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November 23, 2015 Practice Points

North Carolina Federal Court Holds Clickwrap Terms Defeat UDTP and Fraud Claims

A federal court dismissed fraud and unfair and deceptive trade practices (UDTP) claims by buyers of construction services primarily because of online contract clickwrap disclaimer terms

by Gary Beaver

In Solum v. CertainTeed Corporation, Case No. 7:15-CV-114-D, 2015 WL 6505195 (E.D.N.C. Oct.27, 2015), the federal court dismissed fraud and unfair and deceptive trade practices (UDTP) claims by buyers of construction services primarily because online contract clickwrap disclaimer terms vitiated the claims.

The plaintiffs sought to put new vinyl siding on their home. They hired an installer based on its listing as a certified Master Craftsman on the website of CertainTeed, a manufacturer of vinyl siding. The plaintiffs alleged that CertainTeed represented on its website that it "examines the credentials of service professionals . . . it endorses;" "Master Craftsmen successfully complete a program course to become certified;" and, "only advanced building professionals who demonstrate a high level of knowledge and ability to install CertainTeed building products earn this Master Craftsman status." In actuality, all one had to do to become a Master Craftsman was download a 100-page workbook and pass a 25-question, 90-minute multiple-choice quiz. The plaintiffs claimed CertainTeed "purposely misleads consumers into believing that the Master Craftsman certification is more prestigious than in actuality" and that it does not examine credentials of service professionals that it lists as Master Craftsmen "in any meaningful way." The truth or falsity of those allegations never made it past CertainTeed's motion to dismiss.

To search the professionals listed on CertainTeed's website by name or by product in which they are certified, the plaintiffs and anyone else visiting the website, had to "Accept" the search tool's "Terms and Conditions," in which CertainTeed made this disclaimer:

Although we take certain steps to examine the credentials of our listed service professionals, CertainTeed makes no guarantees or representations regarding the skills or representations of such service professional or the quality of the job that he or she may perform for you if you elect to retain their services. CertainTeed does not endorse or recommend the services of any particular service professional.

The plaintiffs retained Superior Home Improvement, listed on CertainTeed's website, which proved not to be superior or masterful in installing the siding, and the plaintiffs had to hire a second installer to correct its mistakes.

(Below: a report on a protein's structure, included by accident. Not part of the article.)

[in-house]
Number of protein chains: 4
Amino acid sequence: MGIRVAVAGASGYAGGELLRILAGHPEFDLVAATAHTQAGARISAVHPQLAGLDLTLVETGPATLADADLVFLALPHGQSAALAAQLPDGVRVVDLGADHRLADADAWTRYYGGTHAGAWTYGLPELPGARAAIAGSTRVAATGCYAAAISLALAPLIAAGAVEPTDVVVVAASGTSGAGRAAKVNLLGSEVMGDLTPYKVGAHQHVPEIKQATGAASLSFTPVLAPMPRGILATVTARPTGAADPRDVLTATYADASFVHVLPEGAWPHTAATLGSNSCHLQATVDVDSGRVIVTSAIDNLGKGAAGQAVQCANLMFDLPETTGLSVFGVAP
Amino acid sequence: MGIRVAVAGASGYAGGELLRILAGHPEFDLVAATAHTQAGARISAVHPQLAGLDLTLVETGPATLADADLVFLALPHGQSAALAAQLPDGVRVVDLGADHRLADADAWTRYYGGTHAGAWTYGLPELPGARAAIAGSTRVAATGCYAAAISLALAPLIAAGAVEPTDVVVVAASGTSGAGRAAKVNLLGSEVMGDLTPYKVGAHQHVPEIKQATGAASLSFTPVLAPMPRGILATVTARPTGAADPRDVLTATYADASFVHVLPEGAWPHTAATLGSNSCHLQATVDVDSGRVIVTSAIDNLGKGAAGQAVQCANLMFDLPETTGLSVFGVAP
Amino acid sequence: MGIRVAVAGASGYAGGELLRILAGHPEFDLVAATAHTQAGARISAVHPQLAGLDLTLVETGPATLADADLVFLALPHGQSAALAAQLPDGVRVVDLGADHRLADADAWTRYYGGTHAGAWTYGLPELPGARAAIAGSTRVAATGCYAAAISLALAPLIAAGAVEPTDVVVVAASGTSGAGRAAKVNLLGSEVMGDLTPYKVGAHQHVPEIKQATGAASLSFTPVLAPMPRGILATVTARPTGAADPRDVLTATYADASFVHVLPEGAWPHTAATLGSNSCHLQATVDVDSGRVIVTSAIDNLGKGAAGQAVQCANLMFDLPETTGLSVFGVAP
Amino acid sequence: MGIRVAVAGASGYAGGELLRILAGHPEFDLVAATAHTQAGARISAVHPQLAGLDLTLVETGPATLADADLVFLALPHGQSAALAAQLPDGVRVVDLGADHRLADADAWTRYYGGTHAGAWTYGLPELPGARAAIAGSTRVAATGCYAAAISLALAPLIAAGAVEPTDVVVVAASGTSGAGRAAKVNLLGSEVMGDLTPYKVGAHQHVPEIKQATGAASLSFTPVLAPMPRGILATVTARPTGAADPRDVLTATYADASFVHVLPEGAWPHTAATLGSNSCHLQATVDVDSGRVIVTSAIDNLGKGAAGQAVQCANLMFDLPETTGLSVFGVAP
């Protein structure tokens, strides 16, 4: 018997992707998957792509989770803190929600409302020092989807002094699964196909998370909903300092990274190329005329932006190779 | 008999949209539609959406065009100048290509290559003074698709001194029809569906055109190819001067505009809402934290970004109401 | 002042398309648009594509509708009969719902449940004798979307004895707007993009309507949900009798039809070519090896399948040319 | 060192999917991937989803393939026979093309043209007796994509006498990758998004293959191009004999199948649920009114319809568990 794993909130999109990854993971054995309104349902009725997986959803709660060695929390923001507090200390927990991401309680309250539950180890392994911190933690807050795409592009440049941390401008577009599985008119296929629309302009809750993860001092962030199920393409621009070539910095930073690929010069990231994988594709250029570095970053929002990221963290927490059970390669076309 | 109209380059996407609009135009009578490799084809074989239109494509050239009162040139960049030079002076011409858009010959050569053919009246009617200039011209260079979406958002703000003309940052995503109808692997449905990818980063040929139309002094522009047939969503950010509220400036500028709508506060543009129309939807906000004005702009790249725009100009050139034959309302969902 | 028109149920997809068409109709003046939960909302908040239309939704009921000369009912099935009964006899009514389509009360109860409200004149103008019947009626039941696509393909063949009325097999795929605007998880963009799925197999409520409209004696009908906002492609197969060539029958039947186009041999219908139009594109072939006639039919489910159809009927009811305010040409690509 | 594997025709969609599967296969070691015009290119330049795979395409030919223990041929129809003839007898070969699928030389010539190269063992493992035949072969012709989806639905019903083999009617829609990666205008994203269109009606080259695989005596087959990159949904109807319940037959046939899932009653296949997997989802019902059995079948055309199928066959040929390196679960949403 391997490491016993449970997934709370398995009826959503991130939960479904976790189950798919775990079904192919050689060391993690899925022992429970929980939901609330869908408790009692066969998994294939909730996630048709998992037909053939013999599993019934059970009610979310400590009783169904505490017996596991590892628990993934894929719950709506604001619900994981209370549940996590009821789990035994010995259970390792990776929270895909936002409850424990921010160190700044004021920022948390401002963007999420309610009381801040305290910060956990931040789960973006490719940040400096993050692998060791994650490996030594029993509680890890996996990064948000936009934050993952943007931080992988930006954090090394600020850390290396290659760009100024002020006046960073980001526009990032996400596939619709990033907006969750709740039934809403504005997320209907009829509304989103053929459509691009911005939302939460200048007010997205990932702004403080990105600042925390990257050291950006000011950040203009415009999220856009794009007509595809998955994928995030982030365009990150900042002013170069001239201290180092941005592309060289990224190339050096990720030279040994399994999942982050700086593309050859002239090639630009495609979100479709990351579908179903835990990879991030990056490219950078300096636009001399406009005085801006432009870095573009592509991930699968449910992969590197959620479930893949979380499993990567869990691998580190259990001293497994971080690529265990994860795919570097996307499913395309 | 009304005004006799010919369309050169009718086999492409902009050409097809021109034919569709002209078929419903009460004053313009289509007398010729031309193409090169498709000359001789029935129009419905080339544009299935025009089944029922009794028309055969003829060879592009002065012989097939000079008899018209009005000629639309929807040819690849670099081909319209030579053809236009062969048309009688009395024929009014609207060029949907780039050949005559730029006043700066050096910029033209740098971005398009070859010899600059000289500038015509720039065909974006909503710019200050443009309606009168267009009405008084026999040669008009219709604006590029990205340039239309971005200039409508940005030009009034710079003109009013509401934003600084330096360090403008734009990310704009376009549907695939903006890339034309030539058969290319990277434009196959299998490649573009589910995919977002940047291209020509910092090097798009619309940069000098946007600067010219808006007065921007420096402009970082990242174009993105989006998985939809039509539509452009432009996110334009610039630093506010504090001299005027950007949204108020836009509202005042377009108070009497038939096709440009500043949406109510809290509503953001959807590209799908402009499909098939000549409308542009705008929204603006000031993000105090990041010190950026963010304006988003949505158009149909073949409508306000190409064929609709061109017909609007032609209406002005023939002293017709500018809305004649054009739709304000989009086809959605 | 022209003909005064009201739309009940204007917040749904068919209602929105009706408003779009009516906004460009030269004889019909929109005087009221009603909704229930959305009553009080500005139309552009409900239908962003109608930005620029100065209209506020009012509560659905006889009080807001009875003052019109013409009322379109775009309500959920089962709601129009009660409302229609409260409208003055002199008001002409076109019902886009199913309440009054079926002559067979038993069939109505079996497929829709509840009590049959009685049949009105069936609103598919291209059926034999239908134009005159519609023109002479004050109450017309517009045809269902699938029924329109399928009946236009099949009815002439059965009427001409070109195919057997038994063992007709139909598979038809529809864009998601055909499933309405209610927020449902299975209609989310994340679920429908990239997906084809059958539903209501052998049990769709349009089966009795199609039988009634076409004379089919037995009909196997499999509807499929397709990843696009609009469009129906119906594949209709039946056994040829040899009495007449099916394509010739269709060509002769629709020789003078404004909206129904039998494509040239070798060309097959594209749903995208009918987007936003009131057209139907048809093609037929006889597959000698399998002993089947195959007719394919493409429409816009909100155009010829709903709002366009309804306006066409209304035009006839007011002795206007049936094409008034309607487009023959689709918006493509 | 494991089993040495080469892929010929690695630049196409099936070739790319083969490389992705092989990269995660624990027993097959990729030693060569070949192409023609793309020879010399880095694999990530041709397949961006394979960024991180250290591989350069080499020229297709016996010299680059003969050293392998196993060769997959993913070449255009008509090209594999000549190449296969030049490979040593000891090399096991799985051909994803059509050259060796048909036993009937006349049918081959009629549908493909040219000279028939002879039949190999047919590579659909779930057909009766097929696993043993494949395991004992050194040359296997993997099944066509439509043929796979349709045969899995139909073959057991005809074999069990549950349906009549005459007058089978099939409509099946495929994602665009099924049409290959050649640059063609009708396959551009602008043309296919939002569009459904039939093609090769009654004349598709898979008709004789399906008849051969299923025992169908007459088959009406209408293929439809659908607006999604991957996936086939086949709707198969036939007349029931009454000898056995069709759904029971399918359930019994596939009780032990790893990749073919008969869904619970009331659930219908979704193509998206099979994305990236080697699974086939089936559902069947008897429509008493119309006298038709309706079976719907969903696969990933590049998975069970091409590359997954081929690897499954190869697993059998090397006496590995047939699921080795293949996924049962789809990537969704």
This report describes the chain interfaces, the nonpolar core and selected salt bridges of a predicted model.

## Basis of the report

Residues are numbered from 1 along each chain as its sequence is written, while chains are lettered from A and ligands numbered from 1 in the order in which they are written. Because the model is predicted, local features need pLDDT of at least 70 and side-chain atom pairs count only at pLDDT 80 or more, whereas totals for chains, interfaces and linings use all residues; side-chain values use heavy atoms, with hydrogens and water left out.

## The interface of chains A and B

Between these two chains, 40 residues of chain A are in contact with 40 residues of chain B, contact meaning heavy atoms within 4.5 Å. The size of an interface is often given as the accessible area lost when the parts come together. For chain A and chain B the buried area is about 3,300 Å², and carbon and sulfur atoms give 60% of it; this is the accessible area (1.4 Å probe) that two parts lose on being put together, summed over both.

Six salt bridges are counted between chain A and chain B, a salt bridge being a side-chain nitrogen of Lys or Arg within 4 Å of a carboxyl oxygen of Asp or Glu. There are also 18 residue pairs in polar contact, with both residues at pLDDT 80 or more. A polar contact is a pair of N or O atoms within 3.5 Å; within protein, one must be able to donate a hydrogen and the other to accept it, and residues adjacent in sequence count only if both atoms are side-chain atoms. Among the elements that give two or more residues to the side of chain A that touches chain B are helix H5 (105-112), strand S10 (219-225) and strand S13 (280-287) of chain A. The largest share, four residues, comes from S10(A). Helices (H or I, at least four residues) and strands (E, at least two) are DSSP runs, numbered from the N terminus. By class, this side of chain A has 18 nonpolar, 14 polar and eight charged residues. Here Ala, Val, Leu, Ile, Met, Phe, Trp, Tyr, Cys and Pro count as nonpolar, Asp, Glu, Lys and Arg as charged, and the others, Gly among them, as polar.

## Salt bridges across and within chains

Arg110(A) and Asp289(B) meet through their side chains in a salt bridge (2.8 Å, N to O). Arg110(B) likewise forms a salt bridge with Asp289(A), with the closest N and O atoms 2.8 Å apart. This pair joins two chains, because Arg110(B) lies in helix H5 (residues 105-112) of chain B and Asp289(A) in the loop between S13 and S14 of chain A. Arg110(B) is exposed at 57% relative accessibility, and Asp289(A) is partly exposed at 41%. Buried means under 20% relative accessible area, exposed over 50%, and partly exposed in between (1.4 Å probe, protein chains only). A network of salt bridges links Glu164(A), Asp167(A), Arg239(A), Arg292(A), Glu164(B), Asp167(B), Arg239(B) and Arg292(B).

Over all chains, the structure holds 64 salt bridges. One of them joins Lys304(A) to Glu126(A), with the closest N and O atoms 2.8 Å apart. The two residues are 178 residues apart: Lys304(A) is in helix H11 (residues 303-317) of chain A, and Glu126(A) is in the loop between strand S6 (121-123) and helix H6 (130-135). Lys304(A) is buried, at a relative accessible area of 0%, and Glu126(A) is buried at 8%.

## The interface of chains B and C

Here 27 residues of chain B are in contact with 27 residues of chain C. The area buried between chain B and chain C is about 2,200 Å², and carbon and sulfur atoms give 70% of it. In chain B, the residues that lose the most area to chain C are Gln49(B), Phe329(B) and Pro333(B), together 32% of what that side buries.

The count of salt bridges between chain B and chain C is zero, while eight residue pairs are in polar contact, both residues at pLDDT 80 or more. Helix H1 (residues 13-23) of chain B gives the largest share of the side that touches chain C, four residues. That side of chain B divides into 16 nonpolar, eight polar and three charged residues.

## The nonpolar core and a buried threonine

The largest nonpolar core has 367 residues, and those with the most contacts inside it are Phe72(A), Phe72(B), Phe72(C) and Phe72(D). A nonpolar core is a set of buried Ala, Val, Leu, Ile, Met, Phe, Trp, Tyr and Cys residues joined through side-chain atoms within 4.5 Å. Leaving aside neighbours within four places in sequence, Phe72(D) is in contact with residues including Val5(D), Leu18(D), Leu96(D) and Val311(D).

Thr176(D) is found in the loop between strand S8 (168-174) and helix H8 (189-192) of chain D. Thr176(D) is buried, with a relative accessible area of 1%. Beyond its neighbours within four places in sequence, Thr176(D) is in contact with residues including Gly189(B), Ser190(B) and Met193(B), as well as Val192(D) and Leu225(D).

The plaintiffs' fraud and UDTP claims were entirely based on CertainTeed's representations on its web pages. The court declined to consider the webpages CertainTeed attached to its motion to dismiss showing what was required to become a Master Craftsman because the plaintiffs did not review those pages until after hiring Superior Home Improvement.

The court noted that the plaintiffs had to prove detrimental reliance on their UDTP claim and, where the plaintiff could have discovered the truth upon inquiry to have alleged that it was denied the opportunity to investigate or that it could not have learned the true facts by exercise of reasonable diligence. Here the court held that the plaintiffs' reliance on the Master Craftsman certification was not reasonable because: (1) the representations about the certification and how an installer became certified were mere puffery; and (2) the plaintiffs could have learned the truth—that CertainTeed made no guarantees, representations, endorsements, or recommendations—by reading the clickwrap terms more closely. One of the alleged misrepresentations upon which the plaintiffs claimed they relied was based on language from the Terms of Use—an admission that the plaintiffs had read the terms.

The court also held that "with minimal research, plaintiffs could have discovered the Master Craftsman course requirements on CertainTeed's website" which means they "could have learned the truth about the Master Craftsman designation meant through reasonable diligence." It is not clear how the court could reach that decision in light of its refusal to consider the webpages showing what was required to become a Master Craftsman. (However, "no harm, no foul" because the court could eventually have found for CertainTeed on summary judgment on that basis.)

The court rejected the fraud claim on the same basis that it dismissed the unfair and deceptive trade claim—reliance upon the alleged misrepresentation of the Master Craftsman certification was unreasonable as a matter of law.

Keywords: clickwrap, commercial and business, consumer, disclaimer, fraud, puffery, reliance, terms of use, unfair and deceptive trade, website, litigation

Gary Beaver is with Nexsen Pruet, PLLC, in Greensboro, North Carolina.

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